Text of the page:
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TAG Cyber Law Journal

July 2018
The real anxiety behind what has become a media cliché.
The real anxiety behind what has become a media cliché.
By David Hechler
I DON'T KNOW ABOUT YOU, but all those articles about insomnia make me weary. You know the ones. A reporter asks a group of general counsel on the phone, or a moderator asks a panel of them at a conference, “What keeps you up at night?”
  Is it time to give these articles a rest?
  After reading one that specifically focused on cybersecurity, I decided to talk to someone who advises lawyers to see whether it's all just a media creation. So I asked Ruth Hill Bro whether she’s ever spoken to general counsel who complained that their concerns were impinging on their sleep.
  Actually, she said, she has. Bro specializes in privacy and cybersecurity and is co-chair of the American Bar Association Cybersecurity Legal Task Force. What’s more, “When I am leading a panel, one of my questions is, ‘What keeps you up at night?’” Bro confessed. “You do hear that quite frequently,” she acknowledged.
  “But conversely,” Bro continued, “some people are hitting the snooze button.” They tell themselves, “I think I’ll deal with that later.”
  So who’s losing sleep? “People in Europe are concerned about criminal penalties, which can really get your attention,” Bro said. Closer to home, “I've worked with a lot of clients with sensitive data.” One senior counsel was employed at a health care company where she felt management was a little too cavalier, telling Bro: “Sometimes I just want to secretly make an anonymous call to the Federal Trade Commission.” Just to get her colleagues’ attention and make them understand why these issues are important.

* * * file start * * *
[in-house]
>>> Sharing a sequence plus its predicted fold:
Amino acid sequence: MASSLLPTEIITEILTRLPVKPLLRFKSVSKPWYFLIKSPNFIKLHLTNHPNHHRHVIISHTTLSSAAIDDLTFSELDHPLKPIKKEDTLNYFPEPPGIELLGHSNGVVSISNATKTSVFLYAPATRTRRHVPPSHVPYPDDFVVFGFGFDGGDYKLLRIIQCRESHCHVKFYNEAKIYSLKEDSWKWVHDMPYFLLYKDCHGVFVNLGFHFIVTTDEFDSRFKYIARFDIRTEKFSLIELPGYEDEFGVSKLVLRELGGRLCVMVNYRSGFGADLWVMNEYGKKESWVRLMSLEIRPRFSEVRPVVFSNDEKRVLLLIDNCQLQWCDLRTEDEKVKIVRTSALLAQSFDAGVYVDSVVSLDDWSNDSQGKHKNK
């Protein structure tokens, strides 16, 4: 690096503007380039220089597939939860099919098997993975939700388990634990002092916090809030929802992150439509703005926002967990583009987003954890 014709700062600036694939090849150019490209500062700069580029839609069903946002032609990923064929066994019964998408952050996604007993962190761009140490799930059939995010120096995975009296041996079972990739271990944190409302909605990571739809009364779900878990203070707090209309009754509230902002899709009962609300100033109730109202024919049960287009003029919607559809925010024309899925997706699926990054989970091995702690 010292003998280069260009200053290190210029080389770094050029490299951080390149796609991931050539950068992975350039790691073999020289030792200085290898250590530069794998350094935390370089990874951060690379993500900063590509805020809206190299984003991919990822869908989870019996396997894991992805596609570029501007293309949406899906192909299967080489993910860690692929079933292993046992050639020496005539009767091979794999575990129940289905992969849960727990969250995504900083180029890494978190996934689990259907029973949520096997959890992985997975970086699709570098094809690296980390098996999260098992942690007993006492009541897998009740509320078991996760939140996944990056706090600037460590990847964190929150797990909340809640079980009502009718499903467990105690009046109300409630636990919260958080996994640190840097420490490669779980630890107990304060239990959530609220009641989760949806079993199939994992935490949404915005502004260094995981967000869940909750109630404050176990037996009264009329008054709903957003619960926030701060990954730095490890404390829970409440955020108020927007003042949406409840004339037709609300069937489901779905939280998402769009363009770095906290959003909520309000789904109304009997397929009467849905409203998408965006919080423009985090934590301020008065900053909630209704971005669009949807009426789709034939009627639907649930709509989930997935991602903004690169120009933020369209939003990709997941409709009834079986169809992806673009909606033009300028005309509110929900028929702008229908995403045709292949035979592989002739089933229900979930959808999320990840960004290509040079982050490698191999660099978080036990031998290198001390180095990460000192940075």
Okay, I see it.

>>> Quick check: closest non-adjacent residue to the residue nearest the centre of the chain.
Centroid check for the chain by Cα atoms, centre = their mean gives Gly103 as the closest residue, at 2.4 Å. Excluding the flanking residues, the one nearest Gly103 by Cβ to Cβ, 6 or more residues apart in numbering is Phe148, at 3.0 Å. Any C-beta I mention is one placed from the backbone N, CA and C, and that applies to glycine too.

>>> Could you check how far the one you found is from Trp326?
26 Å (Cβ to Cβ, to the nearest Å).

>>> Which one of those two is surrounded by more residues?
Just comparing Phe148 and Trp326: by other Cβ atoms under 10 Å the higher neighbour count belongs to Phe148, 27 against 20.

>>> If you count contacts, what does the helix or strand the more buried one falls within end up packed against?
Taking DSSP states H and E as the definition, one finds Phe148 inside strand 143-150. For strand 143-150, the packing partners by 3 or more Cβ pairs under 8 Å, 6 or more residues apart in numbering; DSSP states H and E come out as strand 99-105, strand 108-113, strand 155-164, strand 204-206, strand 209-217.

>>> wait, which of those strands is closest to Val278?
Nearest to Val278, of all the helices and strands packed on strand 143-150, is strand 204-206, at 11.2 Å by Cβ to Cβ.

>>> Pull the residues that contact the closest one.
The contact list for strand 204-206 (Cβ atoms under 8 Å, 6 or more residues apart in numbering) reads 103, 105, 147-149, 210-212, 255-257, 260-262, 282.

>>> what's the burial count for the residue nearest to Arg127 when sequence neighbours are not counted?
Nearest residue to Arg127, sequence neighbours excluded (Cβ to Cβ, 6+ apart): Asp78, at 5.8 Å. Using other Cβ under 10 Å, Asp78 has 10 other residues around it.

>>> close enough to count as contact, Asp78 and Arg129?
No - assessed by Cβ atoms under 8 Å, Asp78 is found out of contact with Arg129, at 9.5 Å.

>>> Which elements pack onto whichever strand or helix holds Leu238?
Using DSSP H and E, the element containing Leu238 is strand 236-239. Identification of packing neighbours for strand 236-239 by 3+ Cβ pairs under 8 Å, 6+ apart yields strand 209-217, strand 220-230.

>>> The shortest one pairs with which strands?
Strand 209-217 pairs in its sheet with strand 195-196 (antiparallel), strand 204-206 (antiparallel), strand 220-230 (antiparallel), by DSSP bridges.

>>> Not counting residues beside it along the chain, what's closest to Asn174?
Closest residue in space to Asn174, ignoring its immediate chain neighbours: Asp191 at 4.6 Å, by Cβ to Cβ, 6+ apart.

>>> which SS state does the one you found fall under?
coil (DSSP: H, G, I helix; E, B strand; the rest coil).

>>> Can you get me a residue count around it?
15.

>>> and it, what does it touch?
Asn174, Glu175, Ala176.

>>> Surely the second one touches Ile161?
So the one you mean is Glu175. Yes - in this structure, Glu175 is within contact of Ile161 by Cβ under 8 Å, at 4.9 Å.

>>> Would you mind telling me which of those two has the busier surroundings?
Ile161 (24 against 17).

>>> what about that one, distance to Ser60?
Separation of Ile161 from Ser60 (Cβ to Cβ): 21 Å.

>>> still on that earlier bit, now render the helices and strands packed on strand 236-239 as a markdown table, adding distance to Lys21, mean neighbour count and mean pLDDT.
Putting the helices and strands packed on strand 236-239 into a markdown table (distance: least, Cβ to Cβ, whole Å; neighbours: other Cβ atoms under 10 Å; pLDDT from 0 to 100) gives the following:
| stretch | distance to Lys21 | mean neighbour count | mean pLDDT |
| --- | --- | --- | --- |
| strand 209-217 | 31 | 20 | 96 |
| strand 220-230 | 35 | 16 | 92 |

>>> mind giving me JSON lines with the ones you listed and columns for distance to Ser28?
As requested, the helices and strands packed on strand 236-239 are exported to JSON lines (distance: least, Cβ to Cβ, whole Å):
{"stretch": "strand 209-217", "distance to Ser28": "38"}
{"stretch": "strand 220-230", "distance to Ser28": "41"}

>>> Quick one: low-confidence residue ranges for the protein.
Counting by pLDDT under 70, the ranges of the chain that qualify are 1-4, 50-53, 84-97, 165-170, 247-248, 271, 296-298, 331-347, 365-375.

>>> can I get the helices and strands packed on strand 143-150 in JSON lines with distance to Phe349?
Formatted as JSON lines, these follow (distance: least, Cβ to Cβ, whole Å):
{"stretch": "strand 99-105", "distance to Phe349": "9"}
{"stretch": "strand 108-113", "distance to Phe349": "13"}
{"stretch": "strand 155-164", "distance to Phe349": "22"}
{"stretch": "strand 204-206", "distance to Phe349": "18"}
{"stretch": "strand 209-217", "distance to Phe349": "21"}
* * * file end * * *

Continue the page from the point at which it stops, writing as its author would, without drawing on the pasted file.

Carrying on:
Clients bring it up in different ways. “I have had clients who have asked me to compile a list of penalties around the world for privacy and security noncompliance. Or write memos about why this is an important issue. And I often say, ‘Insert your company’s name in the most recent headline about a data misstep.’ And then suddenly it can become all too real.”
  As for cybersecurity, “it’s a legal compliance issue, not just a business continuity issue,” Bro said. “And if there is a legal noncompliance issue, guess who they’re going to call?
  “General counsel, who know it’s a big issue,” she said, answering her own question. “If their company doesn’t get it, that is a recipe for not sleeping well at night.”
  So, it appears I’ve been cavalier myself—about those articles. I guess the real message is: Stop hitting the snooze button, general counsel. Wake up and focus on this issue right now, and you may be able to throw away the Ambien.

In the August issue, we’ll have an interview with Ruth Hill Bro in which she talks about the ways general counsel can shore up their cyber defenses, and the resources the ABA has to help them.
If there’s a noncompliance issue at a company, who are the executives going to call?